Apparently, it’s being enforced mid-contract, at least for select sociomedical sciences faculty.
The American Association of University Professors recognizes that medical school salaries vary more than in other university departments. AAUP policy says tenured faculty should be assured a minimum salary “adequate to the maintenance of support at a level appropriate to faculty members in the basic sciences, and not merely a token stipend.”
The same minimum may not apply in the case of non-tenure-track faculty, AAUP says, but “those faculty should have a clearly understood and contractually enforceable expectation of a stipulated salary that cannot be unilaterally or arbitrarily abridged during the appointment period.”
The third public health professor says she’s personally moved on from her termination, but two major concerns remain: her students and the 80 percent policy’s impact on public health research.
The professor is spending time this semester meeting with advisees and other faculty members to develop transition plans for after her departure. Her students aren’t happy, and she doesn’t blame them. “If someone had done this to my sponsor when I was a doctoral student, I would have been furious,” she said.
The professor said that other remaining professors will be even more pressured to chase big funding – which will encourage research on more mainstream issues and stifle purely academic inquiry, or research on unpopular topics.
Rebecca Jordan-Young, an associate professor of women’s, gender and sexuality studies at Barnard College who received her Ph.D. in sociomedical sciences from Columbia and who studied under Vance, shared the same concerns.
“Grants follow trends as well as disciplines, and it's much easier to get funding to do work that is already mainstream or has already been identified as a priority,” she said, calling the 80 percent policy a “real intellectual blow to the university.”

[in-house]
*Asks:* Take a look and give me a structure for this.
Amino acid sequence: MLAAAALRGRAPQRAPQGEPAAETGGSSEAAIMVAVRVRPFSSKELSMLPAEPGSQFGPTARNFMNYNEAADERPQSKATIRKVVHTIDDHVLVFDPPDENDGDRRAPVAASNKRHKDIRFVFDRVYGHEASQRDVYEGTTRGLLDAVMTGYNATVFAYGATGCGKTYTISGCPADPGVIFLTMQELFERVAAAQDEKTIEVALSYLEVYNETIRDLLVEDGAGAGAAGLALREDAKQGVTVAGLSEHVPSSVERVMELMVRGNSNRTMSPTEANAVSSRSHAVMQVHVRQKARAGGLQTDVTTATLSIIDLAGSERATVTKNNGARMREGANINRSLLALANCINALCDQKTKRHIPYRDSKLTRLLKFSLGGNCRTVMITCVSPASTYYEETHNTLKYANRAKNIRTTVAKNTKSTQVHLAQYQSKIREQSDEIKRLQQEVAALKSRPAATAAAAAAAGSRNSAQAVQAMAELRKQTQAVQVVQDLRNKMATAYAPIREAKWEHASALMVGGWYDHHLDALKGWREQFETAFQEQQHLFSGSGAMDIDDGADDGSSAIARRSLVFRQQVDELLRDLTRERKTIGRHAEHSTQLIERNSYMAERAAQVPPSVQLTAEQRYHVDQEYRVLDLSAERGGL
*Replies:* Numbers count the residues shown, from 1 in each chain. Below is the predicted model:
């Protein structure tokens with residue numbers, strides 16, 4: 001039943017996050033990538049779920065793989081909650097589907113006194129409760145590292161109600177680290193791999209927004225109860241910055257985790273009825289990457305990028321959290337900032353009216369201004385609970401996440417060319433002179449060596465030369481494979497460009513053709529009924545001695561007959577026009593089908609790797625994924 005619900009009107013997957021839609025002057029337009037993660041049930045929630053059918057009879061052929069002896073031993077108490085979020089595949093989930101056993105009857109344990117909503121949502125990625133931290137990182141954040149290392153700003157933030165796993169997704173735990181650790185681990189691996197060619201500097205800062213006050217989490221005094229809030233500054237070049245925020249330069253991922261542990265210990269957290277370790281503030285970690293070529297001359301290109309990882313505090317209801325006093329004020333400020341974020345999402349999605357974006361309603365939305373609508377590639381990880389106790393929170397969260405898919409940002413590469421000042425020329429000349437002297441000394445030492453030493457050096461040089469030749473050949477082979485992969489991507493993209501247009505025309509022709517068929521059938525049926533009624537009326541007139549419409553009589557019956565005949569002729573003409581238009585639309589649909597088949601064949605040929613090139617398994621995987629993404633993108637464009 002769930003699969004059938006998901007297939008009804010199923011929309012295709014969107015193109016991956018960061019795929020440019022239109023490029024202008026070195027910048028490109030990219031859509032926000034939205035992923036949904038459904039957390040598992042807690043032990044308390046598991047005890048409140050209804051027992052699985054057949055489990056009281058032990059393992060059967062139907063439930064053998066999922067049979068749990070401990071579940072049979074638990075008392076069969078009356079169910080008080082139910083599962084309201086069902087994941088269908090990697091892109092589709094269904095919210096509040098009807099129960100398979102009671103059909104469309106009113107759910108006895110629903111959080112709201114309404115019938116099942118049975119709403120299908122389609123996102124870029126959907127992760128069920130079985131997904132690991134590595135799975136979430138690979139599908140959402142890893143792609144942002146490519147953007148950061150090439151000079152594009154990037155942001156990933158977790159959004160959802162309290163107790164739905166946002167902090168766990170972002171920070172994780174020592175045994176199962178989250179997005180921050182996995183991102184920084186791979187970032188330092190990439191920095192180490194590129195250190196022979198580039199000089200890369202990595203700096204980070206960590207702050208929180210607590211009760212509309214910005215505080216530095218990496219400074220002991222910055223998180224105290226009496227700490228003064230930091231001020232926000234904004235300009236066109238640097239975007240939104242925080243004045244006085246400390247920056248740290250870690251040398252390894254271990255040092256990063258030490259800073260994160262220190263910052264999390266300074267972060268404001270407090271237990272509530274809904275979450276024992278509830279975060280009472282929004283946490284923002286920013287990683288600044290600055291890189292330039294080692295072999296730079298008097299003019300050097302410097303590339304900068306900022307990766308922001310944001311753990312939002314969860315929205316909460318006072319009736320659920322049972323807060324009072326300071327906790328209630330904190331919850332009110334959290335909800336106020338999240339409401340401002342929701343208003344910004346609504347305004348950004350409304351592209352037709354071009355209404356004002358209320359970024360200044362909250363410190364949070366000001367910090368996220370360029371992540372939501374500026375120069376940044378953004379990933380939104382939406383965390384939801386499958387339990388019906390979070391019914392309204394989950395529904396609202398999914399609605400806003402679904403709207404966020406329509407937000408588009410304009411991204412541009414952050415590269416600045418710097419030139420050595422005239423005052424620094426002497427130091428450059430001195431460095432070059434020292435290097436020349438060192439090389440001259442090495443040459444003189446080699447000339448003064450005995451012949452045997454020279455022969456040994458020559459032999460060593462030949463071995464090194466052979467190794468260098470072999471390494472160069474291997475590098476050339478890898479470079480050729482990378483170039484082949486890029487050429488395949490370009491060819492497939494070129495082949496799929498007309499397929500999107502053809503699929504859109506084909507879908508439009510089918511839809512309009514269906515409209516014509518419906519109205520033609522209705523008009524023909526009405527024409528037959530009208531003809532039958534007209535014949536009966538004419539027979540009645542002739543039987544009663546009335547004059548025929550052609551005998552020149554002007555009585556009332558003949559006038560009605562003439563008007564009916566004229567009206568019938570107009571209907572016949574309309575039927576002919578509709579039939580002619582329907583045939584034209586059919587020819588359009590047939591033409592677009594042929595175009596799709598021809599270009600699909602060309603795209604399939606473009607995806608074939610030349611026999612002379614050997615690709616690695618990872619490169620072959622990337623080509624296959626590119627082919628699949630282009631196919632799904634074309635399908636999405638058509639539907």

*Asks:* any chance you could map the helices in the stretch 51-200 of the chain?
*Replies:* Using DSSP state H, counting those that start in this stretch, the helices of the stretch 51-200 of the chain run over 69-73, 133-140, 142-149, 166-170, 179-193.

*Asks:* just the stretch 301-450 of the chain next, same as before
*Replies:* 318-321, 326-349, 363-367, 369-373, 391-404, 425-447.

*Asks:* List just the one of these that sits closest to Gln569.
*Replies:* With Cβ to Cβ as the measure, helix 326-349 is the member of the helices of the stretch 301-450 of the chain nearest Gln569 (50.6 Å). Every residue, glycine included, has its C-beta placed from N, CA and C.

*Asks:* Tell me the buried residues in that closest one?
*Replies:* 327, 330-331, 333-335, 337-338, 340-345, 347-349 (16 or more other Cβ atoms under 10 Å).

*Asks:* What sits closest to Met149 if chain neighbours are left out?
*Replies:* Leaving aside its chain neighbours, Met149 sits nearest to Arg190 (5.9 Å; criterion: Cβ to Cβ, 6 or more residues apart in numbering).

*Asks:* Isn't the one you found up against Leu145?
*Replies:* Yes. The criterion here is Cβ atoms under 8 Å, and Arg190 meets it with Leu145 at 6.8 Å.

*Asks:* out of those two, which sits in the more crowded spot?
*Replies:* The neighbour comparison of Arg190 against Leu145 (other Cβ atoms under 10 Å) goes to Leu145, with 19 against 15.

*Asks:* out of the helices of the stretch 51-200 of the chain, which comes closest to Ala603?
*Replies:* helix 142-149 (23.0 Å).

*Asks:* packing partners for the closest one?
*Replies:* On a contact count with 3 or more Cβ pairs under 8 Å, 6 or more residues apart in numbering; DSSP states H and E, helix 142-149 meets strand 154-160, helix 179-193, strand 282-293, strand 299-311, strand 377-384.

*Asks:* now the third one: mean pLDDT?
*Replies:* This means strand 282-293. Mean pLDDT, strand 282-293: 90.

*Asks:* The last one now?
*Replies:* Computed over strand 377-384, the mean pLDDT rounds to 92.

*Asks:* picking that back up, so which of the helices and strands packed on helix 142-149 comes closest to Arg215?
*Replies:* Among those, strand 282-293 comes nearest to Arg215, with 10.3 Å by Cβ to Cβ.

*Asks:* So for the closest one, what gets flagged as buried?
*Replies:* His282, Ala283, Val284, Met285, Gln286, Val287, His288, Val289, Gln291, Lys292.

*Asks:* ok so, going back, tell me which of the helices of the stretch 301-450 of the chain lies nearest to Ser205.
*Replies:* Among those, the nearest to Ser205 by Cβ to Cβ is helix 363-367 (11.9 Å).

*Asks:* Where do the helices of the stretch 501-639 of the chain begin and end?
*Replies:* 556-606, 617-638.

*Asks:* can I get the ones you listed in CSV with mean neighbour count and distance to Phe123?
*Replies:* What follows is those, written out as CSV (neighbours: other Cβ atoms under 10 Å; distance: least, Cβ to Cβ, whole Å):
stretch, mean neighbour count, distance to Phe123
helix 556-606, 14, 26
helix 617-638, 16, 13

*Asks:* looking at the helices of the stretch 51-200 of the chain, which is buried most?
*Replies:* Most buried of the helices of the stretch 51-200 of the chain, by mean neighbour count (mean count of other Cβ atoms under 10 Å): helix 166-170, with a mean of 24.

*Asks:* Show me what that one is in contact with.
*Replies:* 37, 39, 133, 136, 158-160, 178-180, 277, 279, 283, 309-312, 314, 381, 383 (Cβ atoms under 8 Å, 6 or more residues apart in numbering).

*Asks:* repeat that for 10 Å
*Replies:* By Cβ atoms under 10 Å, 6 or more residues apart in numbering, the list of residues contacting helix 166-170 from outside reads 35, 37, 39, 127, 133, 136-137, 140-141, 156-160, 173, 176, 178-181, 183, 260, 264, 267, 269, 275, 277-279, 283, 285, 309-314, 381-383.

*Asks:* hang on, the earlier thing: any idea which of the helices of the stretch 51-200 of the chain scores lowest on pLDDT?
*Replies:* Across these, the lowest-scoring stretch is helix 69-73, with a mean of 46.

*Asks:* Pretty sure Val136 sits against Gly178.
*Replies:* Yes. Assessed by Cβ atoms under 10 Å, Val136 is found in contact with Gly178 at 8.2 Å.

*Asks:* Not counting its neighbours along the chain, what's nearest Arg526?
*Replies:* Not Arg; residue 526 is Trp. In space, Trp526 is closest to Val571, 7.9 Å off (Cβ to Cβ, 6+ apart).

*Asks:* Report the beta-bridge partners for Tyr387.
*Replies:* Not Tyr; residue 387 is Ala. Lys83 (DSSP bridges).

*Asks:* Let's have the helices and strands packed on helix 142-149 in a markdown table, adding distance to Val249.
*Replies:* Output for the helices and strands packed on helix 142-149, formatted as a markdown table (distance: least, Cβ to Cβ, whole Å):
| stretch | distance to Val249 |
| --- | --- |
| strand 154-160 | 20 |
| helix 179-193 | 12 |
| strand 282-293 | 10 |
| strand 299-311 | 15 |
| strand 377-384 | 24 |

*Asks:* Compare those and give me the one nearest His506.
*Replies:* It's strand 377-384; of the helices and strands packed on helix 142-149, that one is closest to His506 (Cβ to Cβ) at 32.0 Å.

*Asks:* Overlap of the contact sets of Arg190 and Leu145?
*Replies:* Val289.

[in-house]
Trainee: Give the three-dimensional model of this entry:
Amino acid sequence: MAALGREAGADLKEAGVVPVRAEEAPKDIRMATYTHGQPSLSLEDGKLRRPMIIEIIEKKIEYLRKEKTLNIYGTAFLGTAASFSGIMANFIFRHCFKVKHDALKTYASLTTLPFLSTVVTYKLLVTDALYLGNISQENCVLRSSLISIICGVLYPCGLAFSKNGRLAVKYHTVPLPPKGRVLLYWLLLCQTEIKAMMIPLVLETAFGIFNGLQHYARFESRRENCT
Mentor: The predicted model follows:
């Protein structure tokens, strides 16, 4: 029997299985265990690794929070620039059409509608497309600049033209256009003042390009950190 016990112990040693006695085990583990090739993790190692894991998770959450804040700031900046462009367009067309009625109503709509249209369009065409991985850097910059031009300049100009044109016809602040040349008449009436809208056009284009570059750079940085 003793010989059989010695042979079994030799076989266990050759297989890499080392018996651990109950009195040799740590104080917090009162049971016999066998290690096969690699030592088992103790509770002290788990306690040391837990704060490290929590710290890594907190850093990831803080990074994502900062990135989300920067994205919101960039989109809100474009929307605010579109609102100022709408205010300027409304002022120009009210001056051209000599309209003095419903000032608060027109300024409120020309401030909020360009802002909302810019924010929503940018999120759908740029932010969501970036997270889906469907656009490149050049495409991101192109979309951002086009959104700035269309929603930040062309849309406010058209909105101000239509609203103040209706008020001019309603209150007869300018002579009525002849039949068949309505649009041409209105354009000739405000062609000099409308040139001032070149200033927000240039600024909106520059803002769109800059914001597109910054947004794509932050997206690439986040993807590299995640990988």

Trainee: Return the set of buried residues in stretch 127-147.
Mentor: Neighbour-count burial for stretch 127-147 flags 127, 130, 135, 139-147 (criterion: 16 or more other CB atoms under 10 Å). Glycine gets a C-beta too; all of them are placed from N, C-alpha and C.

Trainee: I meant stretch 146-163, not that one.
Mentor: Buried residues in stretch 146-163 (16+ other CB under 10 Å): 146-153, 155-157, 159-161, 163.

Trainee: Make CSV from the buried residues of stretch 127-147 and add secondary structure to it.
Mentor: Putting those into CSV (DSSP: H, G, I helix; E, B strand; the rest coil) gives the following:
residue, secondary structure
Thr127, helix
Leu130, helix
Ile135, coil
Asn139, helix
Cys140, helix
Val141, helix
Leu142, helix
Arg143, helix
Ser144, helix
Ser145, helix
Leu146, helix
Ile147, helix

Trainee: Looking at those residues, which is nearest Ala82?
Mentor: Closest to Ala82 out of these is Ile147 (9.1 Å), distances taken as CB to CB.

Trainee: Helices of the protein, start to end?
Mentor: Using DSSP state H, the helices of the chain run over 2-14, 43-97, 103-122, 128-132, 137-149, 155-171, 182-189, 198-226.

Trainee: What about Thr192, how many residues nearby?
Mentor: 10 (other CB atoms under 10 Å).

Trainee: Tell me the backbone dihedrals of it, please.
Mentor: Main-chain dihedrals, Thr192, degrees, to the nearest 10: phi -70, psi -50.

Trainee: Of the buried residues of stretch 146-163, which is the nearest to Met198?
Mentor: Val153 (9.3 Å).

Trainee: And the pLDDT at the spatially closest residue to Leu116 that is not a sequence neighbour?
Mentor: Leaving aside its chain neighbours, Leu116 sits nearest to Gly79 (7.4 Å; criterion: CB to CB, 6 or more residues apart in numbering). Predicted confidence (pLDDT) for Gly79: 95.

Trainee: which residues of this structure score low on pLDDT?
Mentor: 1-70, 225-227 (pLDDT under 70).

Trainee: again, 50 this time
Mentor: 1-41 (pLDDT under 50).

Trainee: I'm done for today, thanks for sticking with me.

Jordan-Young said it’s already hard for people, like Vance, who do “really cutting-edge work that sets the agenda for a discipline to get recognized.” The policy will only make that worse.
She elaborated, via email, on what she also saw as an impossible funding model for faculty members who want to do more than “extremely limited, perfunctory teaching.”
“Teaching takes a lot of time,” she said. “And serious mentoring is out of the question if you are 80 percent grant-supported. With a 60-hour work week (not atypical, probably) that means that you have 12 hours for every other task besides direct grant-related activities. Every single teaching and administrative and mentoring task must be fit into those 12 hours. Some of that percent must also go to cultivating the next grants, which you can't ignore or you lose your job.”
Alice M. Miller, co-director of the Global Health Justice Partnership of the Yale Law School and the School of Public Health at Yale University, who helped draft one of the petitions, agreed. “Beside being a travesty at the individual level, [the] terminations are indicative of a very worrying system-wide stance at Columbia,” she said.